Head teachers have complained about a lack of clarity over the rules on whether teachers or pupils can wear face masks in schools in England.
They want to know if they can override the official guidance which rejects the use of face coverings in school.
"The guidance is silent on what schools should do if staff or pupils want to wear face coverings," says Geoff Barton of the ASCL head teachers' union.
A Downing Street spokesman ruled out any review on masks in school.
First Minister Nicola Sturgeon said on Monday she was acting in response to new guidance from the World Health Organization.
But Mr Barton said it remained unclear whether schools in England could have flexibility to allow masks if they were requested as a safety measure by teachers or pupils' parents or where they might be seen as a "useful additional measure".
It comes as head teachers in England have written a letter to Education Secretary Gavin Williamson, seen by the Guardian, accusing the government of failing to listen during the coronavirus crisis.
The Worth Less? lobbying group, which says it represents thousands of head teachers, wrote that they felt they were "working in isolation" from the government as they faced "some of the most important challenges of our professional lives".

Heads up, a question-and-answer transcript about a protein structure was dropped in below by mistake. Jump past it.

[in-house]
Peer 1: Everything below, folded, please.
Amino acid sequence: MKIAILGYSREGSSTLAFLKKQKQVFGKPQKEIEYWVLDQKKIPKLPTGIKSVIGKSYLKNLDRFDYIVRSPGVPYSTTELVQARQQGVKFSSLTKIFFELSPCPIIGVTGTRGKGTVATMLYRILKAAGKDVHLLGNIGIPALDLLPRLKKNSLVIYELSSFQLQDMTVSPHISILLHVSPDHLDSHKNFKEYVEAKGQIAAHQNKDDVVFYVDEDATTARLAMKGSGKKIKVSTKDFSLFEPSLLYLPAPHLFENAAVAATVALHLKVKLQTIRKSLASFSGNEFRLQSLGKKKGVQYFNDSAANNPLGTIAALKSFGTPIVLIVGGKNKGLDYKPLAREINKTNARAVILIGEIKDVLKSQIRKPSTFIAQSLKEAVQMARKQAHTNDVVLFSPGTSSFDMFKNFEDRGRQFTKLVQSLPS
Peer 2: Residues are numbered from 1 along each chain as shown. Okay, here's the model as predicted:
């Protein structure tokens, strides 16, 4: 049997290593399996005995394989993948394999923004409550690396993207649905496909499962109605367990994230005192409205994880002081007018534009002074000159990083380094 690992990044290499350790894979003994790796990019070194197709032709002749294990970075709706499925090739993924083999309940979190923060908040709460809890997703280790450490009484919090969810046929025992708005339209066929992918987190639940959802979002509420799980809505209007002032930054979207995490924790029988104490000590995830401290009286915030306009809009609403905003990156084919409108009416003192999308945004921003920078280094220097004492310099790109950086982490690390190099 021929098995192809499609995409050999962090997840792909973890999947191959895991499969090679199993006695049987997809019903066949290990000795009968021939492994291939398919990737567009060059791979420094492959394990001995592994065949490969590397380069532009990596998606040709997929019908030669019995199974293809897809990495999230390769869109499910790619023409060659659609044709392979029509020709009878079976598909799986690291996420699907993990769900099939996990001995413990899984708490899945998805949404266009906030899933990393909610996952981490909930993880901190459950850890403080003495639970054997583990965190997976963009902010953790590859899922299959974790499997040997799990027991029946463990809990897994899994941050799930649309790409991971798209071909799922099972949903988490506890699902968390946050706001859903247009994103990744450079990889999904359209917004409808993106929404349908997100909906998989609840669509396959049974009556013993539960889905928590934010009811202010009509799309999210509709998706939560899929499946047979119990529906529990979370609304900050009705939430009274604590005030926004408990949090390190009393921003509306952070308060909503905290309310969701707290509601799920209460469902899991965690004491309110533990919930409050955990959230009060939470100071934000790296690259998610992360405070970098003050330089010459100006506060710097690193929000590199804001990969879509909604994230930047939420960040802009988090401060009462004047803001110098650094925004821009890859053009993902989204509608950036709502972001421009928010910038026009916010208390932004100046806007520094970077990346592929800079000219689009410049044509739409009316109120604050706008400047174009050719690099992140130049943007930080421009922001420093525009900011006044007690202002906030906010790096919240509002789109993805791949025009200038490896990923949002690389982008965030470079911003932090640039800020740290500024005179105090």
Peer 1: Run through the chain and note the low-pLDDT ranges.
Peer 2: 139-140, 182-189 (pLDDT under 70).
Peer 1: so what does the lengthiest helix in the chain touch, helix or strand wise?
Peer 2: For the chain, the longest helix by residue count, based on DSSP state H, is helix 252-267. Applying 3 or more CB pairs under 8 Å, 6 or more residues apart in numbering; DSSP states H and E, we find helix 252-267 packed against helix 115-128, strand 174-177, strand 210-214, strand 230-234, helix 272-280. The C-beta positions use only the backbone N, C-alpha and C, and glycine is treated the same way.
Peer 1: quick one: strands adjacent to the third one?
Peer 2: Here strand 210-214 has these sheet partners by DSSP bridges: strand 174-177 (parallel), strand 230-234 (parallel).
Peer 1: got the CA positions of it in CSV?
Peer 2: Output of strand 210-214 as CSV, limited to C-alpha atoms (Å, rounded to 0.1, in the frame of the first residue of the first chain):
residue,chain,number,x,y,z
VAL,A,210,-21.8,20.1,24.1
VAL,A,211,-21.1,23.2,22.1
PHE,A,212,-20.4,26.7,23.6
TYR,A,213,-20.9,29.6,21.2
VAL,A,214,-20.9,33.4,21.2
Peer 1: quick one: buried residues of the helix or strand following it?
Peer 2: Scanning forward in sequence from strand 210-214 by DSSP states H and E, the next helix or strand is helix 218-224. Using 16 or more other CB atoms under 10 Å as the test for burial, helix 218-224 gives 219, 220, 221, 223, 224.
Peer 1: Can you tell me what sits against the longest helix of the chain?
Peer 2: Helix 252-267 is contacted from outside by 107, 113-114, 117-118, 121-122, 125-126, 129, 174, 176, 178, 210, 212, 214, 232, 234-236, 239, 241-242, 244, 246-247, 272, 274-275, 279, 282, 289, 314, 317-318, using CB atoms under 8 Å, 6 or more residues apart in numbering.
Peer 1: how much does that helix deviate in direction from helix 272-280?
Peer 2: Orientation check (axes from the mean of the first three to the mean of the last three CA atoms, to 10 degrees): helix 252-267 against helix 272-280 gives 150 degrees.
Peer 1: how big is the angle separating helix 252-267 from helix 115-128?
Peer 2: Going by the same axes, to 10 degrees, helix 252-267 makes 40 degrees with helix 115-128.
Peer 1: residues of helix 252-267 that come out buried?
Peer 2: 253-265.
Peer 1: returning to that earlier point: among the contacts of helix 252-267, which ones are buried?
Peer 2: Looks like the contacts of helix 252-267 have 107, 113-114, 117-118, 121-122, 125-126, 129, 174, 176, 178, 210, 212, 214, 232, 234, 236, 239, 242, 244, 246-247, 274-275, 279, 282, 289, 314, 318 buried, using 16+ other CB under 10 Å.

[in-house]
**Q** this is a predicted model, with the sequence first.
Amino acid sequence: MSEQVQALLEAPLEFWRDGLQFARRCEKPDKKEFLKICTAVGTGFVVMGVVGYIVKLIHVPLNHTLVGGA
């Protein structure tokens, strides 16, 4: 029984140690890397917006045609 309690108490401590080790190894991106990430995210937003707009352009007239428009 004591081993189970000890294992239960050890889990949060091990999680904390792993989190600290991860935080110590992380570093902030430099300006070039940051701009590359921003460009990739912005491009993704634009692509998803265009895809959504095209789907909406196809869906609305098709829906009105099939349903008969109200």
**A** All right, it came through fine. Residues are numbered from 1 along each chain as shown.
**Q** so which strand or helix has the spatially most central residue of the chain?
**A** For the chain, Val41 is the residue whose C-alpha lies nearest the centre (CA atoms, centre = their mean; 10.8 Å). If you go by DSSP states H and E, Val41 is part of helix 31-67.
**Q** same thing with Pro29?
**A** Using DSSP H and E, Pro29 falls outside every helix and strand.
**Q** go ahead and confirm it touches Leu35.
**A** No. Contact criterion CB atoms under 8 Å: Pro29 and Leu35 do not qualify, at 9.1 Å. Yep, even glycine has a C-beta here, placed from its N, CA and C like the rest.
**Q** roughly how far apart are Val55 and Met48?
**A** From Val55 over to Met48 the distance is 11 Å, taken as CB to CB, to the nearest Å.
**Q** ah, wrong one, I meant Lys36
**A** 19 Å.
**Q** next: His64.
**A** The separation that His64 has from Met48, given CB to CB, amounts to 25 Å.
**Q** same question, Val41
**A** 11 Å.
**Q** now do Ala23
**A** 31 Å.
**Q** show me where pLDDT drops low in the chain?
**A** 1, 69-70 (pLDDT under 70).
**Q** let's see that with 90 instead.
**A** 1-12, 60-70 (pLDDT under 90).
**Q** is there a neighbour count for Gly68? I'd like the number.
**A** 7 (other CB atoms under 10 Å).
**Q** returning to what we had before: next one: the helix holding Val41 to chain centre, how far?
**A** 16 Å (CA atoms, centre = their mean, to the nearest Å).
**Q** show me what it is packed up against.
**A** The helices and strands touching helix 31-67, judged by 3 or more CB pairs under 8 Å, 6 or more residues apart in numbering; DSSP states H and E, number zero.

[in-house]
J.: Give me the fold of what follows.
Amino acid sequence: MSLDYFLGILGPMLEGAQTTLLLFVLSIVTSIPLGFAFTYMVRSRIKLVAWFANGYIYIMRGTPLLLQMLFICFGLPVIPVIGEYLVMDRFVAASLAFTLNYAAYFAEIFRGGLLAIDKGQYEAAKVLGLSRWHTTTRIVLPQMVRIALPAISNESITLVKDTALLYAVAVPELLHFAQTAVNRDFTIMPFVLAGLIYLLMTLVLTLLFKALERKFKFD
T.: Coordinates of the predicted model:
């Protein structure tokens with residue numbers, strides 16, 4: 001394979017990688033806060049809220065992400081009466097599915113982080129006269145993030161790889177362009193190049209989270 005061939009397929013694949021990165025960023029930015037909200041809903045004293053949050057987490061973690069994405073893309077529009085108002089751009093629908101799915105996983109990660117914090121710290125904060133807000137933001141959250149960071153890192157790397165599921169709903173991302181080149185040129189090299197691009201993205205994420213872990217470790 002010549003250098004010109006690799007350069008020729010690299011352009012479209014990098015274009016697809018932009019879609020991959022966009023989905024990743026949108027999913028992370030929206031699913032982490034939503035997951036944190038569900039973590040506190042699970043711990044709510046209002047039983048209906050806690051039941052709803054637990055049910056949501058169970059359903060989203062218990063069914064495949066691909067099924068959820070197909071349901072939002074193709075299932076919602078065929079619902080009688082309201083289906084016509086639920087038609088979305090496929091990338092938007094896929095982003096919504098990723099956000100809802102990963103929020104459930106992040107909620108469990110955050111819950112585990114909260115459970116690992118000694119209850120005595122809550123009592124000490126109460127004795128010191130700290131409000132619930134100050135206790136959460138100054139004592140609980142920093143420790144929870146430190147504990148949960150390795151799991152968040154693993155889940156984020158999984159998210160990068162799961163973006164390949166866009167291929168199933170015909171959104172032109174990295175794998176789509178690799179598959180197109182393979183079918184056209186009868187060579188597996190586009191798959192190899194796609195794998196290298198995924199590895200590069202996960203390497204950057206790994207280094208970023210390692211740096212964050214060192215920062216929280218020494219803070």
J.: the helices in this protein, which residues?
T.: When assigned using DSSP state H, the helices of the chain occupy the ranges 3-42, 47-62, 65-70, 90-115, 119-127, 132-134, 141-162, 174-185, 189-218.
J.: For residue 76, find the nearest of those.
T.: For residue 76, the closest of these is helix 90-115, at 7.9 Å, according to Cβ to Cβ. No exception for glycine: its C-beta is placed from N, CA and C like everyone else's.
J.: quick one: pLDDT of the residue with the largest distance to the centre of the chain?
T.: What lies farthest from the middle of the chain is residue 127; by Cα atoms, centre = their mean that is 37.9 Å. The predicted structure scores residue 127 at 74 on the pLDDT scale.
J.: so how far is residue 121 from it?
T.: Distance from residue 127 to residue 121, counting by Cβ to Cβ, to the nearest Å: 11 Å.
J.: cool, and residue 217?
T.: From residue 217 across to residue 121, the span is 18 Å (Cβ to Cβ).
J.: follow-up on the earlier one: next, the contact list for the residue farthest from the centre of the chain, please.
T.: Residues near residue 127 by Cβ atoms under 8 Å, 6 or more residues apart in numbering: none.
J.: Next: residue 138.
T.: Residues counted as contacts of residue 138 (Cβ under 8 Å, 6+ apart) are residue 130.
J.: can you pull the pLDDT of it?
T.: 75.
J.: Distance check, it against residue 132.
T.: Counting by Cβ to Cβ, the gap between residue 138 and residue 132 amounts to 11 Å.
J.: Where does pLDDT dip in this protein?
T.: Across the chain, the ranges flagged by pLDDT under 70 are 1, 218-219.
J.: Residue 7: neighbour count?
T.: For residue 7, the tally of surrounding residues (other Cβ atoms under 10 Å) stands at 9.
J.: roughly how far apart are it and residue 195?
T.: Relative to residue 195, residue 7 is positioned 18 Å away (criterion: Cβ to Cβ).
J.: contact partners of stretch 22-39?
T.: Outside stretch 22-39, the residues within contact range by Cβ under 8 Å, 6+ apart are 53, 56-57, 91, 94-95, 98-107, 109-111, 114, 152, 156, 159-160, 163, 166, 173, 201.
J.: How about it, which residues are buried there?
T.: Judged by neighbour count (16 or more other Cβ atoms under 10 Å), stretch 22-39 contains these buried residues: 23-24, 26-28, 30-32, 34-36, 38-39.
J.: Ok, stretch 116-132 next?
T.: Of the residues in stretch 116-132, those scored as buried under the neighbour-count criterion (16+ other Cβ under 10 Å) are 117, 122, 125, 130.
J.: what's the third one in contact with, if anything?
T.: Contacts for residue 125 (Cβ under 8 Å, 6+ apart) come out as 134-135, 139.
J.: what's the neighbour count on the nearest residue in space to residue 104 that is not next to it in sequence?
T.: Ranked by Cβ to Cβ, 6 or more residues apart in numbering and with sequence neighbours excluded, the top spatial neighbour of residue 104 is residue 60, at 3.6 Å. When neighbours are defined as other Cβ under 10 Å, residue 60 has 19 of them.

"Collaboration, consultation and partnership have felt in short supply and this caused immense frustration as time, energy and resources have been wasted by head teachers as we respond to shifting policy directives and myriad changes," it said.
Jon Richards of Unison, representing support staff in schools, said masks were worn in other workplaces and it was "vital" that school staff should be allowed to wear them.
Medical advisers at the weekend also highlighted the risk of teachers spreading the virus to each other - rather than from pupil to pupil.
The government's guidance, issued in early July, says Public Health England does not recommend using face coverings in school.
As pupils would be in their own separate "bubbles" there is no need for masks, says the guidance, which warned that "misuse" of face coverings could "inadvertently increase the risk of transmission".
On Monday, a Downing Street spokesman said masks could get in the way of communication between teachers and pupils.
Since the government guidance was published on returning safely to school on 2 July, the use of masks has become more widespread, for example, becoming compulsory in shops.
ASCL said they had asked for further guidance on wearing masks more than a month ago.
"It would be helpful if the government could provide more advice on these complex issues but that has not been forthcoming," said Mr Barton.
A Department for Education spokeswoman said: "We have consistently followed Public Health England advice, which does not recommend the use of face coverings in schools because there are a range of protective measures in place, including children staying in consistent groups.
"We have set out the system of controls schools should use, including cleaning and hygiene measures, to substantially reduce the risk of transmission of the virus when they open to all children in the coming weeks."